“But you were back in that room, frozen on the ground,” she said, utterly confused.
“Hey, hey,” he said, trying to sound reassuring, “don’t worry about me. I’m just fine – obviously, here I am.” And he danced a quick, awkward jig. “Ta-da,” he said, just barely out of a monotone. “We don’t have much time,” he said.
He then turned and grabbed something else off a table Perilea hadn’t noticed before. She took the moment to observe her surroundings.
Instead of an icy cave, she now found herself in what looked like a small doctor’s office, but with canvas walls, a tent of some kind that opened into a larger space behind it, shrouded in darkness. Somewhere a fire was burning. An infrared heater sat in the opposite corner and there were different types of scientific equipment strewn about. The only light came from an electronic lantern on a counter where a number of screwdriver-looking instruments lay.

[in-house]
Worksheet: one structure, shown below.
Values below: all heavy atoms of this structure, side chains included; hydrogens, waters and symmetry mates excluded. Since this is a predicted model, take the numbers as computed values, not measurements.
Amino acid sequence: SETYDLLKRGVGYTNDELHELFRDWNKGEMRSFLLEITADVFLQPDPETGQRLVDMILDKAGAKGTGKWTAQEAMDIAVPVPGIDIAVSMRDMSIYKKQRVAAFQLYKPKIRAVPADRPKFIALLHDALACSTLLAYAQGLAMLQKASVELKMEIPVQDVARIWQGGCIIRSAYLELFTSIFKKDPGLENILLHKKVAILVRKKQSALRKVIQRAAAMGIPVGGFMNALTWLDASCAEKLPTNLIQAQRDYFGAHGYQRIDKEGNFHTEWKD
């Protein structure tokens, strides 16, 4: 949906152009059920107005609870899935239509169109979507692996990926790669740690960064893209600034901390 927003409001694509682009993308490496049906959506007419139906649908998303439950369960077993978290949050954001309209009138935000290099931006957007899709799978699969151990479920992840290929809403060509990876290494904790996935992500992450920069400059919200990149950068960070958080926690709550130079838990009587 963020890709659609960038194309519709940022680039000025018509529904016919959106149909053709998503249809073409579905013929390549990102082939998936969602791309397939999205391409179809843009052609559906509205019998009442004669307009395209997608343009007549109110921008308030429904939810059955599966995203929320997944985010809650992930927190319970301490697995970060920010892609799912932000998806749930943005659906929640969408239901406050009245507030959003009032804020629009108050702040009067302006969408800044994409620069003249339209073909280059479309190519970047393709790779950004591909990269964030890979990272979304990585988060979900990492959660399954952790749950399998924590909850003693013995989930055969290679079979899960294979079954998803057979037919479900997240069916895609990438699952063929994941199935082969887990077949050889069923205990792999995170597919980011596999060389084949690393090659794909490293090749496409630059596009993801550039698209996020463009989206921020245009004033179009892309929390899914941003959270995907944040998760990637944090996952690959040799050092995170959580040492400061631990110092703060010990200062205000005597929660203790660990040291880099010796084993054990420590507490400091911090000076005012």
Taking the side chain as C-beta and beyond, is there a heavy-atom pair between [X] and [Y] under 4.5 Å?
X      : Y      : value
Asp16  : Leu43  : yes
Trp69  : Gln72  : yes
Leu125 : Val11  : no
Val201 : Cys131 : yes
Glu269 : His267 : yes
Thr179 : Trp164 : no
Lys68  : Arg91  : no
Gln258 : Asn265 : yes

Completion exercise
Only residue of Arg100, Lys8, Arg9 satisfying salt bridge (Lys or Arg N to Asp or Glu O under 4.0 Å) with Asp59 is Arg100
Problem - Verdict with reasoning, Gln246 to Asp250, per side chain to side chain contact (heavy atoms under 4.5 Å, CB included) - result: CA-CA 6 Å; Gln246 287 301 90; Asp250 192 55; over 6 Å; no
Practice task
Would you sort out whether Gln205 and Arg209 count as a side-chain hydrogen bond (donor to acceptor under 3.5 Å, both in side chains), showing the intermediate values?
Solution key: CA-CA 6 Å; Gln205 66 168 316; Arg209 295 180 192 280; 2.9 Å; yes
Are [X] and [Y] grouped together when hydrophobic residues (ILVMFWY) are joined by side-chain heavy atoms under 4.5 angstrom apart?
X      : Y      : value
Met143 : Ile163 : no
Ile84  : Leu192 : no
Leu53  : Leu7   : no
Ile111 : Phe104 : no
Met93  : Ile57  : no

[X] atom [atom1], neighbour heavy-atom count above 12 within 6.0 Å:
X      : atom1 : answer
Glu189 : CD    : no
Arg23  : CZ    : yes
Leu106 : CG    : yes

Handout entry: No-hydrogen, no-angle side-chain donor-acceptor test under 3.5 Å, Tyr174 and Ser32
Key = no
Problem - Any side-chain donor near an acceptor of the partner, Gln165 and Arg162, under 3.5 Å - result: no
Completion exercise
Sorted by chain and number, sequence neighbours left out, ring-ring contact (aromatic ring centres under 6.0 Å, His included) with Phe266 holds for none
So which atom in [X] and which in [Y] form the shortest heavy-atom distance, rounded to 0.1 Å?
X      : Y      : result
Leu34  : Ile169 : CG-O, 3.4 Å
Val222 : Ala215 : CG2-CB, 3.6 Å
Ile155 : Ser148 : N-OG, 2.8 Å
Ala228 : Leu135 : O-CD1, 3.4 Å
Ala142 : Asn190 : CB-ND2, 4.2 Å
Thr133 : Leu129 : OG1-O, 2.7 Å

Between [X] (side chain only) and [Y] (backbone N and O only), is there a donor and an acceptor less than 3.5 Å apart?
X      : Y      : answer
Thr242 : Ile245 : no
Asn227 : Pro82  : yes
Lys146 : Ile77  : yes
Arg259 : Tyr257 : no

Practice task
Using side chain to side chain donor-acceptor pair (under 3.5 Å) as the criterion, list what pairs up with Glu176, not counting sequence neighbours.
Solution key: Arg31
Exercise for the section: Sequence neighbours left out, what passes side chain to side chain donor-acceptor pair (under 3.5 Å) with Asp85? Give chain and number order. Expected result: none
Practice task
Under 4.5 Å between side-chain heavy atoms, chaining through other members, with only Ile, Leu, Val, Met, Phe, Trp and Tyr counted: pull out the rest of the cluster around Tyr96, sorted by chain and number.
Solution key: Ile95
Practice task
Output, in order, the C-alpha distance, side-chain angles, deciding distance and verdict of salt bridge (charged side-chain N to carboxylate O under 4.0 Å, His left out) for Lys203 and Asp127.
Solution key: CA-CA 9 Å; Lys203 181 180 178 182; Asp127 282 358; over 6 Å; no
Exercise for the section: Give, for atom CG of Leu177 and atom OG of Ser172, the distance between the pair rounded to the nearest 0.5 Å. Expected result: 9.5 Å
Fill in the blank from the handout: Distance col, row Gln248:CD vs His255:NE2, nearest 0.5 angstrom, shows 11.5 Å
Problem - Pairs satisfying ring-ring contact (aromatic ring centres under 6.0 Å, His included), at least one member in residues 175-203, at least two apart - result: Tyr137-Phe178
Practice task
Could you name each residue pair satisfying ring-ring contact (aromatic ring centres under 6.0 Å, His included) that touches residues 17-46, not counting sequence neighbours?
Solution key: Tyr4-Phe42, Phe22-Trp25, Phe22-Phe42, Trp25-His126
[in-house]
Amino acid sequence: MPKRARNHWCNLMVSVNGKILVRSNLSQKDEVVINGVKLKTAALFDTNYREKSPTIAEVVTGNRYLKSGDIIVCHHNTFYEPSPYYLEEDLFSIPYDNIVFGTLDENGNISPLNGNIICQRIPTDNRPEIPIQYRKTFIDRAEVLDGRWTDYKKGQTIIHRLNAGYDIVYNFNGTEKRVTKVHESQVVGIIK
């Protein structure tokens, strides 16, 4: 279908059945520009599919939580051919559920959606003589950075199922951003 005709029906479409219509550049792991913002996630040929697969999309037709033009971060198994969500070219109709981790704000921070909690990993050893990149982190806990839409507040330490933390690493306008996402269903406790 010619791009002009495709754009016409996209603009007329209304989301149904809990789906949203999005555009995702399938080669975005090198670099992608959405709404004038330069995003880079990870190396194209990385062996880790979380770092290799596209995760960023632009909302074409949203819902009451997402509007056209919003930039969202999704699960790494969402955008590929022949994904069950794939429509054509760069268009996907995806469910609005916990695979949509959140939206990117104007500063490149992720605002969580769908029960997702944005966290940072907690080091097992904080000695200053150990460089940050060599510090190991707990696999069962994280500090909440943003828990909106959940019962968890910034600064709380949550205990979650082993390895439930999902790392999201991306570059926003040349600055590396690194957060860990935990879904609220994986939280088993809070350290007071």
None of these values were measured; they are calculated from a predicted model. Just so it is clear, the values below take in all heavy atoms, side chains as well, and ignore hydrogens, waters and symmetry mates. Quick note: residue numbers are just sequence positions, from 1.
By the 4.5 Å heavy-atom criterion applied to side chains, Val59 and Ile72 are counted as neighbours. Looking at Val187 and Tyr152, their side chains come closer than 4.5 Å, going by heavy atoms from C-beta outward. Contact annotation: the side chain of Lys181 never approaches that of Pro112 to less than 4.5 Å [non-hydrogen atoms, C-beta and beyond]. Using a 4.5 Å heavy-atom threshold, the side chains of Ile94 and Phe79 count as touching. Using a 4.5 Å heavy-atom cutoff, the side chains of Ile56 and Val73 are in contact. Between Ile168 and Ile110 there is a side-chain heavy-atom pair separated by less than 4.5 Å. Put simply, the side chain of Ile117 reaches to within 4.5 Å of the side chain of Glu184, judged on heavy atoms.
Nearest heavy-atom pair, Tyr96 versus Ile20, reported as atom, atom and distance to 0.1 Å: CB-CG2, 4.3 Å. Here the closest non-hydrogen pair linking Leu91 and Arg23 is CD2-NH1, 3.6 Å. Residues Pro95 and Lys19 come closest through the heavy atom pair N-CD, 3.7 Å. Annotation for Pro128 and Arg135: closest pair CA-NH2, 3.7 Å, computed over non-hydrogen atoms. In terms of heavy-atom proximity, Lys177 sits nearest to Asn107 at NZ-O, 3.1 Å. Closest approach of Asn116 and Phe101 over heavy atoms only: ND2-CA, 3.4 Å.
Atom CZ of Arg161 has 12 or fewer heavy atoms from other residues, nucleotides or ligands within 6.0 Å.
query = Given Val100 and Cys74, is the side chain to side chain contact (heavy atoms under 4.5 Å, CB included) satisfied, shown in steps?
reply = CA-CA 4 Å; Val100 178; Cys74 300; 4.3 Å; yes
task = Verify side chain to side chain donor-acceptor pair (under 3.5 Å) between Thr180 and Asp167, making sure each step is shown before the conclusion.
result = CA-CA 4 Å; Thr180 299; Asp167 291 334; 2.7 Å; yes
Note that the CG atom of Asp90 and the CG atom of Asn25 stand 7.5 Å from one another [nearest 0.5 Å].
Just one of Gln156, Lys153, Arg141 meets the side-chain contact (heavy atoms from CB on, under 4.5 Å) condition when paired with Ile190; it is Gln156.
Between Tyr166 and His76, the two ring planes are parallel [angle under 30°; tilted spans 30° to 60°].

“Here, roll up your sleeve,” the young man said. Perilea sniffled and struggled with the sleeve. The young man showed here a zipper just above the wrist cuff; she pulled it back and the sleeve loosened.
Sparks spat out of a control panel somewhere in the larger space.
As she rolled up her left sleeve she saw what the young man was holding – a mean-looking syringe. She let out a tiny shriek at the sight of it.
“Please, don’t worry. You don’t know it yet, but I am your friend and I am going to help you get home. If my calculations are correct you’ll be back here in a few months, but under very different circumstances,” he said.